Vishy: three steps from the world title

When V is for Victory. Vishy (Anand) is three steps (games) from the world chess title after winning against Alexander Morozevich in round 11. He is now on 7.5 and has a 1.5 points lead over Israeli GM Boris Gelfand, who scored only three draws in the last four rounds (with a loss against Grischuk). Vladimir Kramnik, Peter Leko and Levon Aronian follow on 5.5: Vlad won’t (probably) retain his title, but he will play a 12 games match against the new world champion – Vishy :-) - next year (and Topalov is supposed to play against the World Cup winner). The official site of the competition is http://www.chessmexico.com/; you can also find photos (by Cathy Rogers), results and download/reply games on my Italian site, www.messaggeroscacchi.it (link to the WCC page is http://www.messaggeroscacchi.it/mondo/mondiale07.html).
Meanwhile, the Fide Presidential Board, held in Mexico City on September 13 and 14, confirmed Grandmaster, Woman Grandmaster, International Master, Woman International Master, International Arbiter and Fide Arbiter titles achieved last months (full story at http://www.fide.com/news.asp?id=1466). This means that Fabiano Caruana is officially the youngest Italian GM ever: he will have 2594 rating points on October 1, but he has already gained 7 more points in Trieste, so that he could be over 2600 in January 2008.
Some more news about Italian young stars. The 17th European Youth Chess Championship took place in Šibenik, Croatia, 14th-23th September. There were five sections for Boys and five for Girls: U10, U12, U14, U16 and U18. Croatian IM Ivan Saric took the title in the main U18 section with 7 points out of 9; FM Denis Rombaldoni from Pesaro was placed 7th on 6.5, while FM Niccolò Ronchetti from Ravenna scored 5.5 points and achieved his last IM norm. In the U14 Female section, Marina Brunello from Bergamo was placed 11th on 6. Official site: http://www.euroyouth2007.com/.
And now here is the clash of the giants Elista: Kramnik pushed hard to get some advantage against Anand in round 10, but he couldn't get more than a draw, an almost decisive result in Vishy's favour.

Kramnik,Vl. (2769) - Anand,Vi. (2792) [D43], Mexico City 24.9.2007
1.d4 d5 2.c4 c6 3.Nf3 Nf6 4.Nc3 e6 5.Bg5 h6 6.Bh4 dxc4 7.e4 g5 8.Bg3 b5 9.Be2
In his game against Aronian (round 2) Vishy faced 9.Ne5 h5 10.h4 g4 11.Be2 Bb7 12.0–0 Nbd7 13.Qc2 Nxe5 14.Bxe5 Bg7 etc.
9...Bb7 10.0–0
The other main line is 10.h4
10...Nbd7 11.Ne5 Bg7
11...h5 12.Nxd7 Qxd7 13.Qc1N was played in Kramnik-Gelfand (round 7).
12.Nxd7 Nxd7 13.Bd6 a6
13...Bf8 is the main alternative.
The game Deep Junior-Deep Fritz, Elista 2007, continued 14.a4 e5 15.Bg4 exd4 16.e5 c5 17.Bf3 Nxe5 18.Bxb7 Qxd6 19.Bxa8 0–0 with an unclear position.
And not 14...e5?! 15.f4! , Agrest-Kulaots, Turin 2006.
15.Bxf8 Rxf8 16.e5 Qb6 17.b3!?
A new move, 17.Ne4 has been played so far: 17.Ne4 0–0–0 18.Nd6+ Kb8 19.b3 (19.Nxf7 Rxf7 20.Bxf7 Nxe5= Radjabov-Anand, Mainz m-7 2006) 19...f6 20.bxc4 fxe5 with an unclear position, S.Ernst-Van Wely, Dutch Cht 2006/7.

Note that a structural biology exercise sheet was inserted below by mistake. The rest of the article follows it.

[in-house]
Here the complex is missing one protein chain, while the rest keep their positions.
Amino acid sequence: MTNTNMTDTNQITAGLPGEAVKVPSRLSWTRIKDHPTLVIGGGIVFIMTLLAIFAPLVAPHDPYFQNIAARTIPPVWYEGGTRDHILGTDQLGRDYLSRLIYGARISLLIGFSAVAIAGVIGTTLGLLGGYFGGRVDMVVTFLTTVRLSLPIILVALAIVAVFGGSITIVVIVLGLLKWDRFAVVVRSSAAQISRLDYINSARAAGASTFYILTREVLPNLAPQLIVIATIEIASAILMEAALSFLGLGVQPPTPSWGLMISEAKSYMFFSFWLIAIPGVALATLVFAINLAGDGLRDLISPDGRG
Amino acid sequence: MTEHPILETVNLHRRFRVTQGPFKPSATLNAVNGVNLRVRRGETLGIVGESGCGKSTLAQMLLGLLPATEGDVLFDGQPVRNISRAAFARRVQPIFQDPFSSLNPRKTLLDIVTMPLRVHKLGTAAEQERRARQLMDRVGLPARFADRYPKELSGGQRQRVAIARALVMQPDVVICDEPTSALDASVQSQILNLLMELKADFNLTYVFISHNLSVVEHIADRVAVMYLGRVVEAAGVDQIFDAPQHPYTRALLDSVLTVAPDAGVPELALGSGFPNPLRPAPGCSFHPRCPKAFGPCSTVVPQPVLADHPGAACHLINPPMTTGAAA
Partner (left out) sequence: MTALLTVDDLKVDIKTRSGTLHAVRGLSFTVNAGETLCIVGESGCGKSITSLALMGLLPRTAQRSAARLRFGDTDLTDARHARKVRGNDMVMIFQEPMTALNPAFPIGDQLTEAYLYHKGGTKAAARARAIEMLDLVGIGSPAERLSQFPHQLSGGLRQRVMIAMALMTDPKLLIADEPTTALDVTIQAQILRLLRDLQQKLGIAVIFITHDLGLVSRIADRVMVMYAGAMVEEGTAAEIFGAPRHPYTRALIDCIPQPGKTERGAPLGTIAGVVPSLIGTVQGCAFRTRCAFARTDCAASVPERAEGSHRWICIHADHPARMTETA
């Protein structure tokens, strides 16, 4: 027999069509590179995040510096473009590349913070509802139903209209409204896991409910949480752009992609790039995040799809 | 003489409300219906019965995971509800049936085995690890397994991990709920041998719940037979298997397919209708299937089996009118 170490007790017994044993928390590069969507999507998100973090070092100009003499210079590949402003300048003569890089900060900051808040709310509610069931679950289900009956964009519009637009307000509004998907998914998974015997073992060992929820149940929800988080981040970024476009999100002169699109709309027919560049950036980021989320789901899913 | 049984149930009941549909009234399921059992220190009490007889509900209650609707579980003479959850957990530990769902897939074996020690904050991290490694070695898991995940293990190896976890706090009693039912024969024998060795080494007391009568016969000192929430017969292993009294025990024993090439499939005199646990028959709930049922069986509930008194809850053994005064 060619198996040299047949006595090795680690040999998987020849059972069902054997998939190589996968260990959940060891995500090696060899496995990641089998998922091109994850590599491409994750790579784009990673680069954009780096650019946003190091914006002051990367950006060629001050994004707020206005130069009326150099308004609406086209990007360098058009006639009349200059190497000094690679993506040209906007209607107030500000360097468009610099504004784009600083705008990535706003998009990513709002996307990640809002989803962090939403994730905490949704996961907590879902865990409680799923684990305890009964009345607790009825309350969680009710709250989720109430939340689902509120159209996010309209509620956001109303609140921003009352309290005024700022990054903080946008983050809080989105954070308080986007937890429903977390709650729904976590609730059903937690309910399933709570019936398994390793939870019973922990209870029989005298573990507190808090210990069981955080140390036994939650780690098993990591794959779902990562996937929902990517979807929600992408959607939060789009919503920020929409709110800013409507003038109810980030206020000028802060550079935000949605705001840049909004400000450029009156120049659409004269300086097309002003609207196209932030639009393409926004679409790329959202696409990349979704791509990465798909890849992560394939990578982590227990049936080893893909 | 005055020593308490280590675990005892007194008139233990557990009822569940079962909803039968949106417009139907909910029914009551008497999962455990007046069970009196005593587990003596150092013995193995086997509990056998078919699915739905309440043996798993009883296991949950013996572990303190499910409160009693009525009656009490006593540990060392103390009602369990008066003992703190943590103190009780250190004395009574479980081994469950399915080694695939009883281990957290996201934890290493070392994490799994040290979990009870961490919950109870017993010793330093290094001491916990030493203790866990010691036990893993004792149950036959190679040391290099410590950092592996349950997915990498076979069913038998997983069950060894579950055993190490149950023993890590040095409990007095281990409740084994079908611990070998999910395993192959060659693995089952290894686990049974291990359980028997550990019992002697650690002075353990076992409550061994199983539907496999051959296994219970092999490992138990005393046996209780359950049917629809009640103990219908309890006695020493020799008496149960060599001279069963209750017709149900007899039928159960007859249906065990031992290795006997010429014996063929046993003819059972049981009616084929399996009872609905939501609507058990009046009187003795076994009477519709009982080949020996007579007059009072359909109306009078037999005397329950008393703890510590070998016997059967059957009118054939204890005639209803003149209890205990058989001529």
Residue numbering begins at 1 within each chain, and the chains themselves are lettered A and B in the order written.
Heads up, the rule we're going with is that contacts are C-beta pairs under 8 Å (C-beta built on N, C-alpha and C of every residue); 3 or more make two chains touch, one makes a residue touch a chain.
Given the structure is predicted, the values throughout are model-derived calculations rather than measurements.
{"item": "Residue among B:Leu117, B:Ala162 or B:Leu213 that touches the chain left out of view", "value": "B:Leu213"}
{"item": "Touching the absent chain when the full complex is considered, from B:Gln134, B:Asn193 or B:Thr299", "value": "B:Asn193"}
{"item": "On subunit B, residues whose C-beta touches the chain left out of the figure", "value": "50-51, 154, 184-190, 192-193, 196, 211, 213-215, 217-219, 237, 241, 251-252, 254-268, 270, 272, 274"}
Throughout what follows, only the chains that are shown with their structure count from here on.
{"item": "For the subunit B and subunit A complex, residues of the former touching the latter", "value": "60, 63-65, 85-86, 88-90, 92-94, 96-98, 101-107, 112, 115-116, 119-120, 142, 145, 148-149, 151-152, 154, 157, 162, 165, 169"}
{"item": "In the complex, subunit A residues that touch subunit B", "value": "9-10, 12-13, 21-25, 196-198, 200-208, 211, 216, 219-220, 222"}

If 17...c5 then 18.d5!? looks interesting.
18.bxc4 Nxe5 19.c5
The only way to hold the center.
19...Qc7 should be a valid alternative, e.g.: 20.Re1!? Nc4 21.Be2 Na3 22.Ne4 Kb8 23.Nd6 Rxd6 24.cxd6 Qxd6 with a good compensation in return for the exchange.
20.Ne4 Qb4 21.Nd6+ Rxd6 22.cxd6 Nd7
22...Nc4 was also to be considered. Now Black has two pawns and a solid position in return for the exchange.
23.a4 Qxd6 24.Bf3!? Nb6 25.axb5 cxb5 26.Bxb7+
After 26.Rc1+ Nc4 Black has nothing to be afraid of.
26...Kxb7 27.Qh5
A pawn exchange d4 for h6 will open the d-file for the white rooks, but this doesn't mean that Vlad can get any edge. 27.Qf3+!? Nd5 28.g3 was an interesting alternative.
After 27...Qxd4 28.Qxh6 Qd8 Black is solid as well.
28.Qxh6 Nf4!
With the beautiful idea 29.Qxg5?? Ne2+ 30.Kh1 Qxh2+! 31.Kxh2 Rh8+ and then mate.
The most precise defence. If 29.g3?! Ne2+ intending Qd5 and Rd8 (Anand); while 29.Rfe1? Qd5 is winning for Black.
29...Qd5 30.f3 Rd8
Kramnik has achieved nothing so far.
31.Qg7 Rd7
31...Qf5!? intending Qg6 was good as well.
32.Qf8!? Ne2
In the post-game press conference Anand said that 32...Qd6! was even stronger, e.g.: 33.Qg7 Qd5=; 32...Qxd4?! was not good because of 33.Rfc1
After 33.Qa3 Rd6!? (33...Qd6 34.Qe3 Nxd4 35.Qxg5 b4!? with some counterplay) 34.Rad1 Nxd4 35.f4 g4= the position is dinamically equal.
The endgame looks not easy for White because Black has two connected pawns supported by the king.
Neither side can improve the position seriously, but 34.Rad1!? was probably more precise.
The immediate 34...Qd6 was more precise.
White misses his only chance to get some initiative: 35.Qh6! Qd6 36.Qxg5 f6 37.Qd2 and Black has to defend accurately.
35...Qd6 36.Qg8
36.Qc8+ looks better.
Now Anand has an excellent solid position and can start thinking about pushing the a-pawn.
37.Rc8 a5 38.h3
Obviously not 38.Rdc1? Nc6! 39.h3 Ne7 and Black wins; but 38.Qh8 or 38.Ra8 were probably more accurate.
The black king may go forward under the protection of the pawns if needed.
If 39.Rdc1 then 39...Nb3! (Kramnik); 39.Qh8 and 39.Ra8 came (again) into consideration.
39...Kb6 40.Rb8+ Ka5
40...Rb7!?= leads to an equal position according to Anand.
41.Ra8+ ½–½
After 41.Ra8+ Kb4!? (41...Kb6=) 42.Qg8 (42.Rb8!?), intending Qa2, White should save the day. Apparently Anand didn't want to risk in such a good tournament situation, so a draw was agreed.

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